In a recent download poll performed by NetWrix, an encouraging 54.3% of administrators expressed their need to reset passwords in-bulk reflecting the growing need to clear old passwords that for some may have not changed in years. This type of action indicates that password security is a concern and there is no better way to secure user accounts than to forcibly require them to be reset. This action has the potential to thwart any person having gained unauthorized access to a network and it’s systems.
While this action may seem very dramatic, the truth is only a sweeping change like this has the potential to greatly improve security for organizations that previously had little to no password management policies. It is also used in environments that may have some policies in place however management requires a one-time or periodic bulk-reset to ensure security as a preventive measure or as part of a combined response to a security-related incident. Once completed, IT then has the ability to implement appropriate policies moving forward for password lengths, durations, and history reusability and has the confidence knowing that all systems and accounts have received a recent reset. While this is a great measure to take, what’s more important is extended password management capabilities that extend beyond the scope of local administrator accounts, but to all privileged accounts throughout the organization. Incorporation of ongoing administrative password management into an overall security plan for an organization is the best long-term approach.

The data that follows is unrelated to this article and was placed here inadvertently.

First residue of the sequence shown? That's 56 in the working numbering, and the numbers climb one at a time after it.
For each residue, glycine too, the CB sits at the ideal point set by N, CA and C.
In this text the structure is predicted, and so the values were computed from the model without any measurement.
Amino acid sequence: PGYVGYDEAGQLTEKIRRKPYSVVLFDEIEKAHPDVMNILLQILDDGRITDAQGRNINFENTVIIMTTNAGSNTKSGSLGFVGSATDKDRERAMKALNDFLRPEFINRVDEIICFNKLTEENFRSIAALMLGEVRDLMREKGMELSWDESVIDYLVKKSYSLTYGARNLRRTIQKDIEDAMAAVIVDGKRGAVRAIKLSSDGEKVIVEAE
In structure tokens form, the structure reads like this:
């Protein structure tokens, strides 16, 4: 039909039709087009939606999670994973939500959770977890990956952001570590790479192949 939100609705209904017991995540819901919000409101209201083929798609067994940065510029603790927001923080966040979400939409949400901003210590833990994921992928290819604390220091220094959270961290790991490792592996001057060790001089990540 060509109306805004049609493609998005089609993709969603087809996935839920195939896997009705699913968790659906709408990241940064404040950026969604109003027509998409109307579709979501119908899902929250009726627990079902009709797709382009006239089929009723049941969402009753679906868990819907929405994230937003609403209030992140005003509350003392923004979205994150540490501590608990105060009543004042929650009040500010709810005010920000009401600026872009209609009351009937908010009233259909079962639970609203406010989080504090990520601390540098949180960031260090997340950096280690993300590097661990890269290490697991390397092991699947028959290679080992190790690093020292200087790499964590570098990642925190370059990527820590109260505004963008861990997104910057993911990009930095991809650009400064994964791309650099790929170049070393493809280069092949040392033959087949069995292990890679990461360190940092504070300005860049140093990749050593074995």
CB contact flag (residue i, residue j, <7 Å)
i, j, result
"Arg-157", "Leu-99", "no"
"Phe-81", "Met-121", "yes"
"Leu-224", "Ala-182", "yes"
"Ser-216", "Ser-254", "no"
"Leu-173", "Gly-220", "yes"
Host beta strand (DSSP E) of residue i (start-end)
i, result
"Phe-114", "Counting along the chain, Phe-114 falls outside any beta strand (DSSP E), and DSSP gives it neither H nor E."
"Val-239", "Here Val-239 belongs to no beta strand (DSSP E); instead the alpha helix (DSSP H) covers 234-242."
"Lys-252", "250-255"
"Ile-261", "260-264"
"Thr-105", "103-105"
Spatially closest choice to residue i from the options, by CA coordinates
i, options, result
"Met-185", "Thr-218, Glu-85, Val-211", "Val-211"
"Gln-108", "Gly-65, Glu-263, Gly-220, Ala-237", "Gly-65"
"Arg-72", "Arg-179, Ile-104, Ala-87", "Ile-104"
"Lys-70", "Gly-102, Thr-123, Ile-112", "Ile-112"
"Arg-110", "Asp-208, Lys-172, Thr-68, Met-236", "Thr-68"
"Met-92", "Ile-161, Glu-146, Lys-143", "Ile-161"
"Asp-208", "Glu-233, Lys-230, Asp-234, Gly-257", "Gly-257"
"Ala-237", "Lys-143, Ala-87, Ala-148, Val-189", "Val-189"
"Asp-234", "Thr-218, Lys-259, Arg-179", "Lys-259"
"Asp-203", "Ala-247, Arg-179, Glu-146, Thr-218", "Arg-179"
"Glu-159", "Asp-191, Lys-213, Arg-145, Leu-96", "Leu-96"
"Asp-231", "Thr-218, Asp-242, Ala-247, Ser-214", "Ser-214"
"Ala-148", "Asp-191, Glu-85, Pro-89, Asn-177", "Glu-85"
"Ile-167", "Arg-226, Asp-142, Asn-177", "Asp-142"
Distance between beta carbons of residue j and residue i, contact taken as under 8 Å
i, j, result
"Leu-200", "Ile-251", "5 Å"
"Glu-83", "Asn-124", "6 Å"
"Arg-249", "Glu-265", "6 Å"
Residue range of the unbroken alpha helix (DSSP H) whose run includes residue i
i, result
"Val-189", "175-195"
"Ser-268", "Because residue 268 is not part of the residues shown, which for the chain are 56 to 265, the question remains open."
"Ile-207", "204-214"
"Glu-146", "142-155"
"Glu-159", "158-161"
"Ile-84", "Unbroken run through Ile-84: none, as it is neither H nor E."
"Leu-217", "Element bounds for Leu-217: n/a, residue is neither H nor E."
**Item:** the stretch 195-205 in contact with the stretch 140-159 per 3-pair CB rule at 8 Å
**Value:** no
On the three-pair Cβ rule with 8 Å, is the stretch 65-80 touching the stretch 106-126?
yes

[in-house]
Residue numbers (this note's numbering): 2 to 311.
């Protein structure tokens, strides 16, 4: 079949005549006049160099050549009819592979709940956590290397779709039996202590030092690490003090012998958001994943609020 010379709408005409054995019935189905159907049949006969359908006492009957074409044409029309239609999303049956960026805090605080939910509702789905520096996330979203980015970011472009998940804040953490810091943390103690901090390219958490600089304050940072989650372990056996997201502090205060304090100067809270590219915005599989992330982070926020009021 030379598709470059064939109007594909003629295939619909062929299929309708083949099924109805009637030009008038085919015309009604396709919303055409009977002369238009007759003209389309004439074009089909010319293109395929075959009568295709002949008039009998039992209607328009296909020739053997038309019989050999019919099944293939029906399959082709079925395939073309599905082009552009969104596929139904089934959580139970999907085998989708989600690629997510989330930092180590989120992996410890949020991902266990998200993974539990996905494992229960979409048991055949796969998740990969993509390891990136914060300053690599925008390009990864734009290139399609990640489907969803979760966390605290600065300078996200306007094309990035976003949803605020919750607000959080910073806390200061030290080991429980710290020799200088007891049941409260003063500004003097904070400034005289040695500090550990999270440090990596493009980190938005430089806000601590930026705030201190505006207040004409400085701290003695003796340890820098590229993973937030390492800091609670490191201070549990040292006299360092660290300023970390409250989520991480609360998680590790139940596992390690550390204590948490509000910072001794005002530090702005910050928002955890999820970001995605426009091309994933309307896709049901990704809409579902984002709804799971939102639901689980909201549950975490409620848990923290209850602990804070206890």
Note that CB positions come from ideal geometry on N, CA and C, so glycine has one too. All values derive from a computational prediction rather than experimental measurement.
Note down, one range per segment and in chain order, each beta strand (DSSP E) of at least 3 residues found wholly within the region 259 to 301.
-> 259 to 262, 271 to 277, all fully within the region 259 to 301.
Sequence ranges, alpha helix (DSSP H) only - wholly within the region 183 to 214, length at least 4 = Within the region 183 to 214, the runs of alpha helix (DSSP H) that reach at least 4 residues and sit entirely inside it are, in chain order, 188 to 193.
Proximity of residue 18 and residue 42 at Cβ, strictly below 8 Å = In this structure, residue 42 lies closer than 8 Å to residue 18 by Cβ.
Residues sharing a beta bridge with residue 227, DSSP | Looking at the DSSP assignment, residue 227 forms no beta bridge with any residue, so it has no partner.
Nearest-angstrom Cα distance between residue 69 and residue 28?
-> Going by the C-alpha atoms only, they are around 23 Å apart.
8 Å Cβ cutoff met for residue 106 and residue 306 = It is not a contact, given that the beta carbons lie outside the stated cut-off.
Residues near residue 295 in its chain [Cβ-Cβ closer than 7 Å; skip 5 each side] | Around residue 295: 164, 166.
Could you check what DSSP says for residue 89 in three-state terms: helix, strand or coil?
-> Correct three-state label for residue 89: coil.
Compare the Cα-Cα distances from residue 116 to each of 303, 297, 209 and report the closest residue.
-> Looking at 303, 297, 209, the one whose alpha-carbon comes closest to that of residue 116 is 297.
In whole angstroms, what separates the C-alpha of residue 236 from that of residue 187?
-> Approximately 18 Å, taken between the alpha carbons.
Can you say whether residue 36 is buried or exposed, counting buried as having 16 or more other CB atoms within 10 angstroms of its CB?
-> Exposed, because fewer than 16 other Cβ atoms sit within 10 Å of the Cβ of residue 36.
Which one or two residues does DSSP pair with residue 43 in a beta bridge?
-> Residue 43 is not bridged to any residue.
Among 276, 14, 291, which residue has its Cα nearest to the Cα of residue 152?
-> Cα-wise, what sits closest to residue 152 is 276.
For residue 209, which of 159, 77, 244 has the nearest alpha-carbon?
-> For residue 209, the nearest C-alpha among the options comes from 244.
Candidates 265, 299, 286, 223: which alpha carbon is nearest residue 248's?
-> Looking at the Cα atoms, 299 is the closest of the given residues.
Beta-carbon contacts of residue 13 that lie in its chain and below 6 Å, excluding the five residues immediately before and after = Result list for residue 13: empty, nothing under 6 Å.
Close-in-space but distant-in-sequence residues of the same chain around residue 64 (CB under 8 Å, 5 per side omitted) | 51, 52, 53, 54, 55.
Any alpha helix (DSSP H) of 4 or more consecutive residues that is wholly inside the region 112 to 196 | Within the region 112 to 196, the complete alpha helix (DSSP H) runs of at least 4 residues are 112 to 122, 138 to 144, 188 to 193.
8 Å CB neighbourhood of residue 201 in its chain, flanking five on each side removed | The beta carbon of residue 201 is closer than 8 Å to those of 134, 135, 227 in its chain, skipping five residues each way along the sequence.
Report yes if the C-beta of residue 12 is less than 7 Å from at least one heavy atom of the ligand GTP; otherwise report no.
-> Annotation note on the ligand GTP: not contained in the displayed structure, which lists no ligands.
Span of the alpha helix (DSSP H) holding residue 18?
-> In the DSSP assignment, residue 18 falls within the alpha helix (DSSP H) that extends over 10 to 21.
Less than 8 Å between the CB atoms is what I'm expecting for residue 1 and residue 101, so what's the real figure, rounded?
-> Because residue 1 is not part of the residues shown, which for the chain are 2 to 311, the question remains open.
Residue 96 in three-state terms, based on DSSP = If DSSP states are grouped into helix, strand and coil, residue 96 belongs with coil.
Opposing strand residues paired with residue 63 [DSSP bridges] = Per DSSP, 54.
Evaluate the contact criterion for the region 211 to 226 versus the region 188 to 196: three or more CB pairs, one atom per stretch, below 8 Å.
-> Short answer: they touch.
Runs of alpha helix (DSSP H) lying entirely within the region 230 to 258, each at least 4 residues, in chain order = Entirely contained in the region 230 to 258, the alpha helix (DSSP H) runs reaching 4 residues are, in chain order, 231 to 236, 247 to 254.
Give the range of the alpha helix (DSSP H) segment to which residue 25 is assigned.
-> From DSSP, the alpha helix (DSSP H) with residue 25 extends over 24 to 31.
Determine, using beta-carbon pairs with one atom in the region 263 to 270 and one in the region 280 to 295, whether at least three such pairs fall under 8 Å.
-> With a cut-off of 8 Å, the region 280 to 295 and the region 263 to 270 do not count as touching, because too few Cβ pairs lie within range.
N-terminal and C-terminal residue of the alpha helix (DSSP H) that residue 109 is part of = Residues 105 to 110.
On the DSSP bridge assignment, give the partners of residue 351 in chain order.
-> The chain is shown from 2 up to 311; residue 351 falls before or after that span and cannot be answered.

Windows natively does not easily offer these kinds of features and NetWrix has the answer in the Privileged Account Manager tool. In order to address an ongoing administrator password management strategy, a tool such as the NetWrix Privileged Account Manager is the best fit. Like many of our products, it too is available in a feature-rich freeware version. The standard version of this tool delivers a number of great features to further improve security and administrative account control such as secure role-based access to all privileged accounts, fully audited check-in and check-out actions (revealing real-user names instead of “root” or “Admin”), automatic password resets at customizable intervals (such as every 90-days) with propagation to corresponding systems including updated service and scheduled task accounts.
What changes have you seen over the past 12-24 months regarding basic security improvements such as password policies and mandatory password resets? How is IT and management responding to security risks with rogue admin accounts? Have these actions created additional problems for the help desk and are they worth the trouble? Please provide your comments and feedback below: